As a result of the recent widespread use of convulsive shock therapy for psychiatric disorders, the effect of this treatment on the structure and function of the brain has become a matter of considerable concern to clinicians. This has been augmented since convulsive shock therapy has been successfully employed to shorten attacks of affective disorders in which intellectual functions are maintained and emerge undisturbed with spontaneous recovery.
MATERIAL AND METHODS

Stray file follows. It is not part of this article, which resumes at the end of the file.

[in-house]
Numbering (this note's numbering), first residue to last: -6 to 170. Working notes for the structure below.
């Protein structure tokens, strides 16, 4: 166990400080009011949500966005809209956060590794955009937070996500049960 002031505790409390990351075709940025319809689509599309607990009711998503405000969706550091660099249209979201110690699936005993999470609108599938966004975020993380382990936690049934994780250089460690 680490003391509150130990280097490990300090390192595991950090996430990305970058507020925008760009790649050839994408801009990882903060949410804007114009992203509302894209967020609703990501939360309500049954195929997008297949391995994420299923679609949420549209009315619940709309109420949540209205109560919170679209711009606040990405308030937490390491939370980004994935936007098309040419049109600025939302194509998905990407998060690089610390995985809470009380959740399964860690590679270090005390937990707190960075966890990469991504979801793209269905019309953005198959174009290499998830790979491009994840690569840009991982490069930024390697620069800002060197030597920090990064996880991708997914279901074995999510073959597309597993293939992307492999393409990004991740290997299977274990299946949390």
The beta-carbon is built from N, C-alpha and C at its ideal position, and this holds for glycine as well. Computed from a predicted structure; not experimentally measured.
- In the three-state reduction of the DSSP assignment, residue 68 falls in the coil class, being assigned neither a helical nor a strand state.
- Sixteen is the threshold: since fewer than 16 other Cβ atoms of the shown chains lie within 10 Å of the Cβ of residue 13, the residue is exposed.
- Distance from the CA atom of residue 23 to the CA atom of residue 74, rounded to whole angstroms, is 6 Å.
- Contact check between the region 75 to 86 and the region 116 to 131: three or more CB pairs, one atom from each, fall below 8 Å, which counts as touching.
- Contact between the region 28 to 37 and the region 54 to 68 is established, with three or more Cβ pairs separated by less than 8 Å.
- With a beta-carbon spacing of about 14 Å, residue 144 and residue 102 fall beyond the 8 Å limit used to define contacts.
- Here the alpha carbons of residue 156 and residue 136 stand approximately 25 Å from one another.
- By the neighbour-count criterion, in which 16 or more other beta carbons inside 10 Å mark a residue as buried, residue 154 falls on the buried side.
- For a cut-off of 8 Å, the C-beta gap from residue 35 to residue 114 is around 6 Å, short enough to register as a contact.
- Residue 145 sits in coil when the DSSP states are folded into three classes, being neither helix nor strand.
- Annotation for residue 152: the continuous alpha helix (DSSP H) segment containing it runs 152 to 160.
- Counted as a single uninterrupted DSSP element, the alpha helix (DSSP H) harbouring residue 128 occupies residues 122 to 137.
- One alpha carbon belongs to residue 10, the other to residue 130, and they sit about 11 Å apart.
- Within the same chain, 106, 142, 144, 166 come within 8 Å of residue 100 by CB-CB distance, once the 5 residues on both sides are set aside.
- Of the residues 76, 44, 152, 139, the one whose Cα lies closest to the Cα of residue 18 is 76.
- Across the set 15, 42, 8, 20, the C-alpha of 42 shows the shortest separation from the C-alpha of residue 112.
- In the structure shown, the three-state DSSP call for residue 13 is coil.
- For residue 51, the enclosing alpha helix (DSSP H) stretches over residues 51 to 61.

Patients under the regimen of convulsive therapy were studied neurologically and psychiatrically before and after treatment. Electroencephalograms were recorded before the first shock and at varying times after cessation of the treatment; some patients were completely rechecked at intervals several months after discharge from the hospital. Such studies were carried out on 23 patients, all but 4 of whom were suffering from primary or secondary affective disorders (see table 1 for significant data). Of the 4 other patients, 2 were
LEVY NA, SEROTA HM, GRINKER RR. DISTURBANCES IN BRAIN FUNCTION FOLLOWING CONVULSIVE SHOCK THERAPYELECTROENCEPHALOGRAPHIC AND CLINICAL STUDIES. Arch NeurPsych. 1942;47(6):1009-1029. doi:10.1001/archneurpsyc.1942.02290060147009